Moynihan Train Hall
New York City
BEST PROJECT, AIRPORT/TRANSIT, and Award of Merit, Sustainability
OWNER:New York State Urban Development Corp. (d/b/a Empire State Development) in a Public-Private Partnership With Vornado Realty Trust, The Related Cos., Skanska, the MTA, the Long Island Rail Road, Amtrak and the Port Authority of New York and New Jersey
LEAD DESIGN FIRM: Skidmore Owings & Merrill
GENERAL CONTRACTOR: Skanska
STRUCTURAL ENGINEER: Severud
MEP ENGINEER: Jaros, Baum & Bolles
PROGRAM MANAGEMENT: WSP USA
SKYLIGHT STRUCTURAL ENGINEER: Schlaich Bergermann Partner
The one-acre, 92-ft-high glass canopy roof and skylight atop New York City’s Moynihan Train Hall was always going to be a centerpiece of the $1.6-billion transit center that expands capacity for the bustling Pennsylvania Station across the street in midtown Manhattan. But among many feats in transforming the 108-year-old James A. Farley Post Office into a 255,000-sq-ft passenger hub, the soaring glass structure arguably also served as the project’s design and construction highlight.
Turning the old mail sorting area of the classic McKim, Mead & White-designed structure into a sky-lit hall for rail passengers epitomized the project’s central tension—carving an innovative and functional facility out of a landmarked building built for an entirely different purpose, while balancing historic preservation with modern design.
Related link: ENR New York Best Projects 2021
The final achievement won high marks from the 2021 Best Project judges for teamwork, craft quality, function and aesthetics on a complex project led by Skidmore Owings & Merrill as architect, Skanska as construction manager and WSP as program manager.
The team also included Severud as structural engineer and Jaros, Baum & Bolles as MEP engineer; the developer partnership of Empire State Development Corp., Vornado Realty Trust and the Related Cos.; and key stakeholders such as Amtrak, Long Island Rail Road, the Metropolitan Transportation Authority, the Port Authority of New York and New Jersey and New Jersey Transit.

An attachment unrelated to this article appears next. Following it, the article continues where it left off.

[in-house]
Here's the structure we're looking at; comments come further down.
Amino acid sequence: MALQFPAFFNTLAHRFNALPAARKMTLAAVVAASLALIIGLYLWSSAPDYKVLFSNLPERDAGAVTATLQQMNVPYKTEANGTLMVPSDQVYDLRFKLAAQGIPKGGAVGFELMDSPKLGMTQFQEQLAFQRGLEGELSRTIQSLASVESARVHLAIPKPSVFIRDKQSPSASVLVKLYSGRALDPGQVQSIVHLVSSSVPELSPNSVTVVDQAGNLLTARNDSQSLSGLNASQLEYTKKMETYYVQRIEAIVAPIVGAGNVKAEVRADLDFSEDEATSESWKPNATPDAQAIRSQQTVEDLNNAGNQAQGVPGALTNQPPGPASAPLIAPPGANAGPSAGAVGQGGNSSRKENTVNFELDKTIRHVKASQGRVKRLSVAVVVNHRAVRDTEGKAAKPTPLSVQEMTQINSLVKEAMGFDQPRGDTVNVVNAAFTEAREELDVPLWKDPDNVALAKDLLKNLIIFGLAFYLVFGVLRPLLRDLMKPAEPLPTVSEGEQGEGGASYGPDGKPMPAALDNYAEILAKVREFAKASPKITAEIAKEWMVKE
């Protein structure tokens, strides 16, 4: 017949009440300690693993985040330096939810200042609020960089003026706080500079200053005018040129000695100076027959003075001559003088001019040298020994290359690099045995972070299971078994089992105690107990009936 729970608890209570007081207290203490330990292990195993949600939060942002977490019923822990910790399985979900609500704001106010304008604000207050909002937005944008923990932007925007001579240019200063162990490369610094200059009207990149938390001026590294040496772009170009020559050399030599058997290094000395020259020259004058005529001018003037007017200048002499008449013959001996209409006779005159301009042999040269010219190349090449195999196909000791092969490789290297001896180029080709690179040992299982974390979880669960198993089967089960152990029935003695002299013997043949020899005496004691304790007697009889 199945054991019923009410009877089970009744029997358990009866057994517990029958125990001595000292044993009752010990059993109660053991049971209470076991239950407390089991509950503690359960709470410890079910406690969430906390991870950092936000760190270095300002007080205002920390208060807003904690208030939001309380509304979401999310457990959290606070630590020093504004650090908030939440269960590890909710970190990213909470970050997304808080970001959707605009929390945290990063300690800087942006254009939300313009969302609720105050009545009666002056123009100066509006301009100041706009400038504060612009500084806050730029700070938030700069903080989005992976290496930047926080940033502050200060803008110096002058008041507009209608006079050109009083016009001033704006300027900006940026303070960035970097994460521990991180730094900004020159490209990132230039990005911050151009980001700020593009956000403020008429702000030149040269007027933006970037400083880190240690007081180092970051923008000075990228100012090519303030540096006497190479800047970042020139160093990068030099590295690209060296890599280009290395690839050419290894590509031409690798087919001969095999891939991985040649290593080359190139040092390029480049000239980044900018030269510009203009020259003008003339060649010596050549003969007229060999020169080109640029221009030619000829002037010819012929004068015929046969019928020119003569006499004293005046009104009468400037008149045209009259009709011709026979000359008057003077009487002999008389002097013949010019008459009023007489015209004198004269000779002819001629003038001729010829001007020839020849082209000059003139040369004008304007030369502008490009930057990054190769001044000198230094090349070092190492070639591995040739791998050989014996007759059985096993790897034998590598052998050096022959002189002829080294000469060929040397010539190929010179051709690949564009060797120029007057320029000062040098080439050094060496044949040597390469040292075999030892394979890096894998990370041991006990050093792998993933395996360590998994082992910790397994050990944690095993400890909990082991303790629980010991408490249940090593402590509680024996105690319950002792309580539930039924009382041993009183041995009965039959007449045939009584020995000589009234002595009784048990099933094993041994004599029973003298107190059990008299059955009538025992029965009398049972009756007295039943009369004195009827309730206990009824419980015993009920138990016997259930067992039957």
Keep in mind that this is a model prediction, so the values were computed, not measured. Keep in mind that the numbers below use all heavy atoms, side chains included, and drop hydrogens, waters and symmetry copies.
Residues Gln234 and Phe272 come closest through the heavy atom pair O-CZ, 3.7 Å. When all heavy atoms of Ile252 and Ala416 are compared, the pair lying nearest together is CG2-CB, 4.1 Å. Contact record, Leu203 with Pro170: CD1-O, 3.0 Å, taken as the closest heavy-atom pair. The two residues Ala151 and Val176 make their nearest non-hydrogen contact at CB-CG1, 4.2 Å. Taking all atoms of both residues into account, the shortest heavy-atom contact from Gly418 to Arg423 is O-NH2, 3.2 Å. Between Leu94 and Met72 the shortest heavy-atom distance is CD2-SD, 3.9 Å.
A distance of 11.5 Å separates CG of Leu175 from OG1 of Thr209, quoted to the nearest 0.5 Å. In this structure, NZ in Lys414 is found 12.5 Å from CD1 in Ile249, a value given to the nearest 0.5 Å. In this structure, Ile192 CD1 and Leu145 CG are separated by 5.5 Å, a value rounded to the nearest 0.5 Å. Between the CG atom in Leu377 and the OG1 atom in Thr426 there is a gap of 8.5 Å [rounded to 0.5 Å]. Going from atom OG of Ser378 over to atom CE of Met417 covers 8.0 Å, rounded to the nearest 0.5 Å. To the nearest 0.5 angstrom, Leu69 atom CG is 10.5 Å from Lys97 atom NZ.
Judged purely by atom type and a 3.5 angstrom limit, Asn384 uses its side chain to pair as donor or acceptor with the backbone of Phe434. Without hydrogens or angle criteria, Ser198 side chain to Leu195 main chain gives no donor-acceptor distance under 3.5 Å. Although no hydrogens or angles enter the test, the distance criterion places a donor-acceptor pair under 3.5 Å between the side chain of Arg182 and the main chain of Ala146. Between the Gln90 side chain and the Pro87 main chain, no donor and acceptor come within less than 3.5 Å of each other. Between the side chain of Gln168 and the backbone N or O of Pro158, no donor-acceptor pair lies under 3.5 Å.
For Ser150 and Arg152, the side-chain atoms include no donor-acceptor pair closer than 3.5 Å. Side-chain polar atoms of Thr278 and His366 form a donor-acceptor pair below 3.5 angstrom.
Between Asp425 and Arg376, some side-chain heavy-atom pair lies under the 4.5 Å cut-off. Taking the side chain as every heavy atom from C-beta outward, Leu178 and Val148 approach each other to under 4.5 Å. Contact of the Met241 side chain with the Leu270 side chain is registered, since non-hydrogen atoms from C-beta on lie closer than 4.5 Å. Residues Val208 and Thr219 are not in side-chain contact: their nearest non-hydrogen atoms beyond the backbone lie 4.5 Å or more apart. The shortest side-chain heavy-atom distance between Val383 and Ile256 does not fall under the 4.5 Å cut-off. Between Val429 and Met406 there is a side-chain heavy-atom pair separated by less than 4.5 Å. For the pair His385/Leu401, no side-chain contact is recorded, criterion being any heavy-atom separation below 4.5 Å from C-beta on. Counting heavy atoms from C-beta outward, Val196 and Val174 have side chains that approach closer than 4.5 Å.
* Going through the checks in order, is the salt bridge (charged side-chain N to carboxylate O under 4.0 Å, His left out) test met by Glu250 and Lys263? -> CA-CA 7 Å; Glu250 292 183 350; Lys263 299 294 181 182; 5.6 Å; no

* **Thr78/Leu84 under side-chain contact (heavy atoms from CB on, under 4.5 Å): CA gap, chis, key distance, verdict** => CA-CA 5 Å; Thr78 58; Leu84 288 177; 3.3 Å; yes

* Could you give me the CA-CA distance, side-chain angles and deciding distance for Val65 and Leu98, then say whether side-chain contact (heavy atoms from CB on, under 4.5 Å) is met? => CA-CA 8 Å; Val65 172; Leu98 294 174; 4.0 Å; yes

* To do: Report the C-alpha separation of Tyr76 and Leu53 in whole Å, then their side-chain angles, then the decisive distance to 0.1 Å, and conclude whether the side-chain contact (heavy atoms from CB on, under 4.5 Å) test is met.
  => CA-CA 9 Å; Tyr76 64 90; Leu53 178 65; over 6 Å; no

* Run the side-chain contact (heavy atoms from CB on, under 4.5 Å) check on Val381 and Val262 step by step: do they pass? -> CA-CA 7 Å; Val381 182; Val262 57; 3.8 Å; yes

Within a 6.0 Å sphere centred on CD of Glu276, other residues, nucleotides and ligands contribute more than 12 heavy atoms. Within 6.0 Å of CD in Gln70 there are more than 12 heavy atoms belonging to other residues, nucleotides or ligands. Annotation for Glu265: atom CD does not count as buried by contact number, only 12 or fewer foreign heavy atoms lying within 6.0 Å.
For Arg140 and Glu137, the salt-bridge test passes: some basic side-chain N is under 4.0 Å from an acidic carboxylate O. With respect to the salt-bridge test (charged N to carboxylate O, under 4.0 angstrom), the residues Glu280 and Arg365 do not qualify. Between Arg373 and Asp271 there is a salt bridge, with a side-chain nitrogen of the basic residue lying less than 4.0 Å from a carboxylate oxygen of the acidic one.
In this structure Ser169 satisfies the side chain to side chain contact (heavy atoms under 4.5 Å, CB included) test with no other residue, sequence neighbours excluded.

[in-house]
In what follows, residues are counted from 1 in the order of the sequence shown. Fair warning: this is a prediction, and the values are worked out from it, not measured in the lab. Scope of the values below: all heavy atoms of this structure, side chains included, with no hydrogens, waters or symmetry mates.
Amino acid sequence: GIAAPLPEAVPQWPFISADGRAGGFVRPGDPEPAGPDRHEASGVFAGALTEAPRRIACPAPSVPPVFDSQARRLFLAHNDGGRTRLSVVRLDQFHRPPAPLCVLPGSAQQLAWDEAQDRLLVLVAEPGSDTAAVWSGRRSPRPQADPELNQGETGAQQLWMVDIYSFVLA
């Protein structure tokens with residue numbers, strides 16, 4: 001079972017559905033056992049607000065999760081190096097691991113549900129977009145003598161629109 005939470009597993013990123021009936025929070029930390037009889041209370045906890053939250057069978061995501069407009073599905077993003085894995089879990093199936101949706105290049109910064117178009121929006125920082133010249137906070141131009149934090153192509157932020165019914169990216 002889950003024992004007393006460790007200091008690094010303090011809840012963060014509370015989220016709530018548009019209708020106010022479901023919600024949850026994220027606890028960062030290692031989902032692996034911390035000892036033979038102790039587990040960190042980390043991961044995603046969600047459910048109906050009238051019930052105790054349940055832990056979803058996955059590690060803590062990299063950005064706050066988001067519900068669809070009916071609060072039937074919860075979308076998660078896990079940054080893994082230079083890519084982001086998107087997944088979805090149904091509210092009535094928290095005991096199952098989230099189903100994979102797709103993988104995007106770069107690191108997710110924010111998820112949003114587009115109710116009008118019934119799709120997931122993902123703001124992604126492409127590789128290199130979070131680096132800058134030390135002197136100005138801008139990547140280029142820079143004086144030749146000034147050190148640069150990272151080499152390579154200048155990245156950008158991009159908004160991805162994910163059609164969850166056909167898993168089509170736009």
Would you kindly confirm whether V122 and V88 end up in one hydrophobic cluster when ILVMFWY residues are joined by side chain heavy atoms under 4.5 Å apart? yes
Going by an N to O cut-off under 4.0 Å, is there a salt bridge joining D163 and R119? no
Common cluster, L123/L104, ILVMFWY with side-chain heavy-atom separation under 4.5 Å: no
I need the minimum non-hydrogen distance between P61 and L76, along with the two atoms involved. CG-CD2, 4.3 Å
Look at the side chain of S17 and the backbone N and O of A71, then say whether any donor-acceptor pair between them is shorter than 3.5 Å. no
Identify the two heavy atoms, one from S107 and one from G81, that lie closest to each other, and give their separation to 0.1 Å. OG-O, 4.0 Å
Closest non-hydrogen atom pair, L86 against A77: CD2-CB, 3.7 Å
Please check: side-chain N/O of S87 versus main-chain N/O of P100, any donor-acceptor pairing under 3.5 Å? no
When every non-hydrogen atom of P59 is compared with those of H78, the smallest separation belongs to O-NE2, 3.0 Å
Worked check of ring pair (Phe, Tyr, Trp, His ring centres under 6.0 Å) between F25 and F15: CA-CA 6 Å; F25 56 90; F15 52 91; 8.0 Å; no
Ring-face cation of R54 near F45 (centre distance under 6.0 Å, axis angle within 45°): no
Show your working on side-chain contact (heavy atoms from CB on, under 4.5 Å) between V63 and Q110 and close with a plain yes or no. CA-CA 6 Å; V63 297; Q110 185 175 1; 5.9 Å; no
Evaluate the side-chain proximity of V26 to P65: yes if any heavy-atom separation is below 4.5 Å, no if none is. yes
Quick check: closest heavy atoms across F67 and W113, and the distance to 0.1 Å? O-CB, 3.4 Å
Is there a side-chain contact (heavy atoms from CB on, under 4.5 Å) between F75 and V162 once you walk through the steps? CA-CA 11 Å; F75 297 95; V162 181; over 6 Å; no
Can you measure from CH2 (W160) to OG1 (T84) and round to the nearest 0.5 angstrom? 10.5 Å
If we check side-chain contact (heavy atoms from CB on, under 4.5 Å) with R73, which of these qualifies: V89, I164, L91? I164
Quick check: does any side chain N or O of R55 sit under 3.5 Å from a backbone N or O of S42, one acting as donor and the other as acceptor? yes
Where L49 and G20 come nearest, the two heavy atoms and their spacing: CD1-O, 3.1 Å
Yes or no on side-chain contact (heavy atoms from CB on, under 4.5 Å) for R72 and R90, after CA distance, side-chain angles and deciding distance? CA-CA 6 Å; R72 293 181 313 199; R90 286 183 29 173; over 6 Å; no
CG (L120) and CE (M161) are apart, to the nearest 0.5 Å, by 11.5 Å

Erecting the skylights was a complex task aided by a key decision to remove north-south trusses under the old roof but keep three 150-ft-long east-west trusses to enable the old Farley mail sorting room to support the new canopy, says Marla Gayle, SOM managing principal.
“When the demolition began and [the megatrusses] were finally revealed, everybody was blown away with how unbelievably spectacular those were—the kind of engineering that usually happens on bridges, and certainly nothing that could ever be replicated today,” she says.
Inside the 31st Street doors is Elmgreen & Dragset’s “The Hive,” an inverted cityscape inspired by iconic buildings in New York City and beyond.
Photo by Dave Burk/Empire State Development | SOM
Enabling that effort was a clever logistics feature: installation of the “dance floor,” a temporary structural steel work deck where the sorting floor had been. That allowed demolition and construction for the skylight and train hall above the deck while work advanced below to fortify the train shed over underground tracks connecting to Penn Station.
“Skanska basically made an investment in their logistics,” says Doug Carr, Empire State Development’s executive director. “Skanska split the site into two—with skylight work and platform work occurring simultaneously, which was definitely a big portion of how we were able to accelerate construction.”
From the deck, the team reinforced the megatrusses, adding 3-in.-thick steel plate box beam supports across the tops. It also erected the canopy, a task—with Schlaich Bergermann Partner as skylight structural engineer and Seele as facade design-assist contractor—requiring 775,000 lb of steel, 2,200 glass panels and 2,936 aluminum and glass elements overall. The team used adjustable scaffolding and diagonal cable support systems to achieve exacting tolerances on the skylight’s four barrel-shaped catenary vaults, which have thicker glass panels at the edges to sustain greater loads but lighter ones at the 92-ft apexes.